So we've brought in a consultant at work in an attempt to sort out some issues we've been having and improve some other things.
By nature I'm cynical of consultants. Just the word makes me think of expense without return and people who swan around blowing hot air and theory but don't produce. I hope this chap will be different though. We've put considerable time and effort into our research and I hope we've learned from previous errors.
Perspectives and differing realities are, to me, a fascinating subject, one I've been thinking about as our consultant does his thing.
I've been observing people's reaction to him, how they behave and the impression they want to create.
Naturally they've all managed to go up a gear just because he's in the building. They're more friendly yet more serious, more hardworking and more smiley and friendly than they were a couple of days ago.
It's a recognised psychological phenomenon and I've read about it before. It's called the Hawthorne effect.
What I was thinking about specifically was that it must be the reality for these consultant types. In the same way traffic cops, if the only time they were on the road was when they were on duty, would think that most motorists abide by the rules just about all the time and always travel at about 1 mph under the speed limit.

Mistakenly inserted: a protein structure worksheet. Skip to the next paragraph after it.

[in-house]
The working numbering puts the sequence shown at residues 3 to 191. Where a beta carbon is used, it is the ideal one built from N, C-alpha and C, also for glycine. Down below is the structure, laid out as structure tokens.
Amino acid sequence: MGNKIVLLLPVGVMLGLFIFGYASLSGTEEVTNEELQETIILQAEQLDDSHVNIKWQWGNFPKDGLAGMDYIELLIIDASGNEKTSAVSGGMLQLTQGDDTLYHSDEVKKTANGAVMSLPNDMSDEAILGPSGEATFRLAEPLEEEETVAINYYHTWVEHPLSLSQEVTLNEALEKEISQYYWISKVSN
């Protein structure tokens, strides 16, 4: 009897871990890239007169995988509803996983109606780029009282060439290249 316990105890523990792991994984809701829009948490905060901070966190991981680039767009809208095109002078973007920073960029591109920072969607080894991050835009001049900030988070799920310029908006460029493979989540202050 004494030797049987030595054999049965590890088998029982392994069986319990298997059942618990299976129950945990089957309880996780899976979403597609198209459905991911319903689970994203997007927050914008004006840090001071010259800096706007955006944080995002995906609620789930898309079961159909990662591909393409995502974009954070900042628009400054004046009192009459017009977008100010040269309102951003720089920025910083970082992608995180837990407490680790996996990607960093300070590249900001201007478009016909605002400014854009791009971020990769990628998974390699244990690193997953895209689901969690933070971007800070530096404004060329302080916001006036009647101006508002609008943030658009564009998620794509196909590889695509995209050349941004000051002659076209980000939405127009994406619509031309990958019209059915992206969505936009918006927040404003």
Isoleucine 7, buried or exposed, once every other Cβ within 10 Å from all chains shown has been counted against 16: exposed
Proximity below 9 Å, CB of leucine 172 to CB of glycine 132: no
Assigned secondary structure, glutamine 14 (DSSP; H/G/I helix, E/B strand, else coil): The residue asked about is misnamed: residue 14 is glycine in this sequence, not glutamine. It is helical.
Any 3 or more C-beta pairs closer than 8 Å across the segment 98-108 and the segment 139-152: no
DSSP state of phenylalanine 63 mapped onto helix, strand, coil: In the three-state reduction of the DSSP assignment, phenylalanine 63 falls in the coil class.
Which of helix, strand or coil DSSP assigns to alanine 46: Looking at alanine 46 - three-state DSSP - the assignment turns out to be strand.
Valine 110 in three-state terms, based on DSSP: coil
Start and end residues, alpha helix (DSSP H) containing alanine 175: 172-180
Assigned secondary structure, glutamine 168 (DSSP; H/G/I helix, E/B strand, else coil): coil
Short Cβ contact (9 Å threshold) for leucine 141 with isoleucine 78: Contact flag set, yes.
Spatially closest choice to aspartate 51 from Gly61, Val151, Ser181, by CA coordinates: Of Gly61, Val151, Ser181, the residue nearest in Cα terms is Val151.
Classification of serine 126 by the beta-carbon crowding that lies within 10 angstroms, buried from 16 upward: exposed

I wonder how many of the consultants go into a company and think "what's the problem, they all seem motivated, eager and more hardworking than a Colombo 7 Domestic around the New Year."
Obviously there's a real life answer to this question. Good consultants know about psychology and good traffic cops, even bad ones actually, go out on the road when they're not on duty and know how people usually drive.
But it's bloody interesting watching people shift up a gear for no reason other than the fact they're being watched a bit.
Must rush, I can't let the fellow see me writing a blog post!